NFC South: Anthony Gonzalez
Peyton Manning and Kerry Collins are both on the inactive list. Also inactive for the Colts are receiver Anthony Gonzalez, defensive back Kevin Thomas, linebacker Ernie Sims, guard Ryan Diem and defensive tackle Fili Moala.
The Colts said Eric Foster will start in Moala’s place. Mike Pollack will start at right guard in Diem’s place.
» Draft Watch: Biggest needs (2/17) | Busts/gems (2/24) | Schemes, themes (3/3) | Recent history (3/10) | Needs revisited (3/17) | Under-the-radar needs (3/26) | History in that spot (3/31) | Draft approach (4/7) | Decision-makers (4/14) | Dream scenario/Plan B (4/21)
Each Wednesday leading up to the NFL draft (April 22-24), the ESPN.com blog network will take a division-by-division look at key aspects of the draft. Today’s topic: History in that spot.
Tampa Bay Buccaneers
They’re sitting at No. 3 and recent history indicates they’ll get a big name, but not necessarily a guaranteed star. The jury is still very much out on defensive end Tyson Jackson, who went to Kansas City in this spot last year. Jackson didn’t record a sack in his rookie year. Atlanta quarterback Matt Ryan went No. 3 overall in 2008 and is off to a very good start, and the same can be said for 2007 No. 3 pick Joe Thomas. The Cleveland offensive tackle already has been picked for three Pro Bowls. But 2006 third pick Vince Young and 2005 No. 3 Braylon Edwards have both had very uneven careers thus far.
They hold the No. 19 pick and the recent history in that spot has been solid. Philadelphia receiver Jeremy Maclin and Carolina offensive tackle Jeff Otah are off to strong starts. Tennessee safety Michael Griffin, who went in this spot in 2007, has been a very solid player and 2005 pick Alex Barron has been a regular starter at offensive tackle for the Rams. The biggest question mark at this spot in recent history is Antonio Cromartie. He had a few very productive years in San Diego, but slumped last season, prompting his move to the New York Jets.
New Orleans Saints
They hold the No. 32 pick, the final one in the first round because they won the Super Bowl. There are no guarantees of instant success when you’re picking this late. Ziggy Hood went in this spot to Pittsburgh last year and the Steelers are bringing him along very slowly. Safety Kenny Phillips went No. 32 to the Giants in 2008. He was primarily a backup as a rookie and got hurt early last year. It’s a similar story for 2007 pick Anthony Gonzalez of the Colts. He showed promise in his first two seasons as a backup, but an injury derailed him last year. The Giants have had mixed results with defensive end Mathias Kiwanuka, whom they took in this spot in 2006. He hasn’t been spectacular, but he has been somewhat productive. The real gem in this spot has been 2005 pick Logan Mankins. The New England guard has been to two Pro Bowls.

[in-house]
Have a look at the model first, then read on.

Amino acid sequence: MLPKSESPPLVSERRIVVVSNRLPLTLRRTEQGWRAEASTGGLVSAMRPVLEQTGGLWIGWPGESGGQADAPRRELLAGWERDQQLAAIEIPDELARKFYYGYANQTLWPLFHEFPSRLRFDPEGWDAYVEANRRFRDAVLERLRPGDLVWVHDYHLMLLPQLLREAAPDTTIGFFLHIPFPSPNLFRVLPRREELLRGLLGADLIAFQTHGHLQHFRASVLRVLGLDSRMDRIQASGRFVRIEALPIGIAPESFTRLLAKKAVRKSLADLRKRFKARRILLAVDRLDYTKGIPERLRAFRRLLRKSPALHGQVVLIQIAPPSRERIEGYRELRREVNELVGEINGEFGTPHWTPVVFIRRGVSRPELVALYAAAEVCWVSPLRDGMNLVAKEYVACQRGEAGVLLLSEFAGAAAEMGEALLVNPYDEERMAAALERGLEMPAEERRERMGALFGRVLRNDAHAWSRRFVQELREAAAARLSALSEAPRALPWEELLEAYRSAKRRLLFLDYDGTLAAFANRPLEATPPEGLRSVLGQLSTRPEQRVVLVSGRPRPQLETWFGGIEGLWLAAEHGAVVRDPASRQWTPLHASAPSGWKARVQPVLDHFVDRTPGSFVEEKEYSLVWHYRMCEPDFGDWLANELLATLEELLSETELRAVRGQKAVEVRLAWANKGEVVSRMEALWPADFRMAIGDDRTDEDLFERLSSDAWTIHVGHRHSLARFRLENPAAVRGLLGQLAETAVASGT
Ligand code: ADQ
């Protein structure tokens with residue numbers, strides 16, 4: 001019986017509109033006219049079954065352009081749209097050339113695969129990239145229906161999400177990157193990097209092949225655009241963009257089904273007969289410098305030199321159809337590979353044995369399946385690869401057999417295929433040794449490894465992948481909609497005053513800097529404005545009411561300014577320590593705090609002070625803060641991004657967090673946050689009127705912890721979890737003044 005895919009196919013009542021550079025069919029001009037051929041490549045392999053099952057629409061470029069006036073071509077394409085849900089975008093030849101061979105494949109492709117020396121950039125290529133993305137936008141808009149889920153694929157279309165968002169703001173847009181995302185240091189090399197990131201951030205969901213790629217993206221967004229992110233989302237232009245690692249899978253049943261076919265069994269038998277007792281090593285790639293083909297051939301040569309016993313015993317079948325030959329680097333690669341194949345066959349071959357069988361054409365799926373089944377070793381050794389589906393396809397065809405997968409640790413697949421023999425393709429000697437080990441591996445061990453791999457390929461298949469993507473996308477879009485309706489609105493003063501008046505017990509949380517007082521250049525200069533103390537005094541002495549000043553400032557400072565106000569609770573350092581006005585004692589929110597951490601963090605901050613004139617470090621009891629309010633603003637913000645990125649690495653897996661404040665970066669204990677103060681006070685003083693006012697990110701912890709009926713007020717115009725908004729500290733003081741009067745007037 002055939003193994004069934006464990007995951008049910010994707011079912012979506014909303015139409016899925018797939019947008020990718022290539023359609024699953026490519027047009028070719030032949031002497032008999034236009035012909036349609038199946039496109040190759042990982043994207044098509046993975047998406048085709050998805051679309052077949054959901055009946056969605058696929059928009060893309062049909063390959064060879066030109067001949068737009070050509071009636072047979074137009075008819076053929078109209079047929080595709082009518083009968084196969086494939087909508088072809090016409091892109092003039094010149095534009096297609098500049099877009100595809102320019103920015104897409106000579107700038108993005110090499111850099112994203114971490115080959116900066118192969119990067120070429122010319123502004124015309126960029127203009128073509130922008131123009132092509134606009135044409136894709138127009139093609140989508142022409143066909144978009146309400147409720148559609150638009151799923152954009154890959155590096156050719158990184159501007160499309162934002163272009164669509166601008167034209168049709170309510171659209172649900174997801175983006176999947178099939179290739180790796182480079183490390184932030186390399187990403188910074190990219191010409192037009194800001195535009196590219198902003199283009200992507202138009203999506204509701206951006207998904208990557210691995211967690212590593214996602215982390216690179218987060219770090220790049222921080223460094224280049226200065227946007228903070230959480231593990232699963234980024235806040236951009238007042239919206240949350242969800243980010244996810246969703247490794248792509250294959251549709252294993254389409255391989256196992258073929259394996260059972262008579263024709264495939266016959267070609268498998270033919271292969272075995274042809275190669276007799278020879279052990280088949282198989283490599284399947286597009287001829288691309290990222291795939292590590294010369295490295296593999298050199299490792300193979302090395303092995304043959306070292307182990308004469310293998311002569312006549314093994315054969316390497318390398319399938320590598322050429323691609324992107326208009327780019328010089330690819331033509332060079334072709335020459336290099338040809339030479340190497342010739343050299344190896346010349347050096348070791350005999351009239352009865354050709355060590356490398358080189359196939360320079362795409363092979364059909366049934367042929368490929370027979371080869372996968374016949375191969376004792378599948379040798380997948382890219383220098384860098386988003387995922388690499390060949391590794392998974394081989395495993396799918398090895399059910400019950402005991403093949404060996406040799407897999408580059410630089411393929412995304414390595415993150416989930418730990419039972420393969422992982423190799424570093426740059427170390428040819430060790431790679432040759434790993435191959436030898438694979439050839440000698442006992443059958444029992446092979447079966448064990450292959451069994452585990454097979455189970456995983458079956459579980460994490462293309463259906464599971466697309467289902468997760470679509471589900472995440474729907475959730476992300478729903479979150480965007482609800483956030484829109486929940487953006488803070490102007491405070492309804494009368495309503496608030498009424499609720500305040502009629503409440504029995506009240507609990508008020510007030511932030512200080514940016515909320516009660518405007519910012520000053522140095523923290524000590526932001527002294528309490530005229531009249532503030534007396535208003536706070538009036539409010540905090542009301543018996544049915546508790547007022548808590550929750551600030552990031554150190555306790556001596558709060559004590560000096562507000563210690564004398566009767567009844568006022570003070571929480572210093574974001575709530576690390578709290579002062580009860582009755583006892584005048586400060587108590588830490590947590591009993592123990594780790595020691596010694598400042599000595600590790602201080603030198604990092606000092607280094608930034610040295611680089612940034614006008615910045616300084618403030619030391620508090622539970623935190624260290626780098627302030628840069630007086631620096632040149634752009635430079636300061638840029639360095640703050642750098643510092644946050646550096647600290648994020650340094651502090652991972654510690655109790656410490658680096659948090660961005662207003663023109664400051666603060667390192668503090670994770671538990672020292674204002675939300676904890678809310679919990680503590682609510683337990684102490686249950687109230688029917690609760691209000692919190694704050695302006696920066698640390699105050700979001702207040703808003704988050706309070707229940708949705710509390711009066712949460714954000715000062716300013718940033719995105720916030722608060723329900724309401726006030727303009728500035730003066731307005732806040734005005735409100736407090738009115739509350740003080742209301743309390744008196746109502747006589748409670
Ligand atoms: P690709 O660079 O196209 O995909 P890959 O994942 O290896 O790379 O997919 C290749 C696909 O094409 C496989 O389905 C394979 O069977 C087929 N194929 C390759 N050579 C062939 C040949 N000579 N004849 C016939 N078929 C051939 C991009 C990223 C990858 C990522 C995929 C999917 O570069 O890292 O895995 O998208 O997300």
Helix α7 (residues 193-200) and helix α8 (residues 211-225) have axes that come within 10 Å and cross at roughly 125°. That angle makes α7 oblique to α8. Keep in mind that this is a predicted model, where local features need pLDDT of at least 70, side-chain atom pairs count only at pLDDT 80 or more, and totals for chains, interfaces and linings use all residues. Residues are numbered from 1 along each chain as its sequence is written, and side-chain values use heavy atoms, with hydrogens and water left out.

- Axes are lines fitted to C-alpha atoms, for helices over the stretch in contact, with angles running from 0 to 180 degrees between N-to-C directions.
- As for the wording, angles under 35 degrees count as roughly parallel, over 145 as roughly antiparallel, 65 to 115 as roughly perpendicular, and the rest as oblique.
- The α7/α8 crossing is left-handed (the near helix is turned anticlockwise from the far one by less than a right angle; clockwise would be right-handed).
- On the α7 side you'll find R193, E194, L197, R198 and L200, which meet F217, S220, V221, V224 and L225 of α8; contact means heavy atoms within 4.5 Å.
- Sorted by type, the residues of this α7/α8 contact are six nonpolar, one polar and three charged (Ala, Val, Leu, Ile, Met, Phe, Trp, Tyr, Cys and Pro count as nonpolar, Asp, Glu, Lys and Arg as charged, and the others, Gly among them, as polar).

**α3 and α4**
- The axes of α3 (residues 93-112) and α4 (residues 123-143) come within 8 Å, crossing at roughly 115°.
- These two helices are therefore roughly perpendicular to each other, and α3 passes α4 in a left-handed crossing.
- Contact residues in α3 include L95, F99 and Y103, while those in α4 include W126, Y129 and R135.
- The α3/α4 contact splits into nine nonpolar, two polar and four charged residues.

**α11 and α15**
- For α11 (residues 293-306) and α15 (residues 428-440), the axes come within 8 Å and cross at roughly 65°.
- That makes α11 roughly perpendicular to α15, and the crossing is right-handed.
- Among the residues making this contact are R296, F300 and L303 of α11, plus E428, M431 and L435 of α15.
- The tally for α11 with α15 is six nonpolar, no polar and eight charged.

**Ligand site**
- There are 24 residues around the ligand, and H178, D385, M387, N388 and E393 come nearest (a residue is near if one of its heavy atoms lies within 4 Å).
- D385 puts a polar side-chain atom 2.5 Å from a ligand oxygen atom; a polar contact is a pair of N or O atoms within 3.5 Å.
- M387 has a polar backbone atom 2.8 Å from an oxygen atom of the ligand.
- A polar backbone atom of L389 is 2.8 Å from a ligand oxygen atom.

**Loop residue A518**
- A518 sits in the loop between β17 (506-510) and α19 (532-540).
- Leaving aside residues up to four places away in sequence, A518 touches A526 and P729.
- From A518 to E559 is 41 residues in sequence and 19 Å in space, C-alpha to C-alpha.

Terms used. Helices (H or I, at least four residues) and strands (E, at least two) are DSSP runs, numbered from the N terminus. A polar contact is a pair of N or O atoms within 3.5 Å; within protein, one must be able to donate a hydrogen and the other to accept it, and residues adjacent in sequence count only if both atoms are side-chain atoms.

The Panthers traded this year’s first-round pick to San Francisco last year. As a result, their top pick is in the second round and it’s No. 48 overall. History has shown you still can get a productive player at this spot. Cornerback Darcel McBath got off to a good start with Denver last year before being sidelined with an injury late in the season. Tight end Fred Davis had a quiet rookie season with the Redskins in 2008, but started to emerge last year. Jacksonville linebacker Justin Durant was a part-time-starter as a rookie in 2007, but has been a full-time starter the past two seasons. Cornerback Cedric Griffin has developed into a solid starter in Minnesota after being selected by the Vikings in 2006. Then, there’s the sad story of linebacker Odell Thurman, whom the Bengals took at No. 48 in 2005. He played only two seasons before suspensions and off-field problems derailed his career.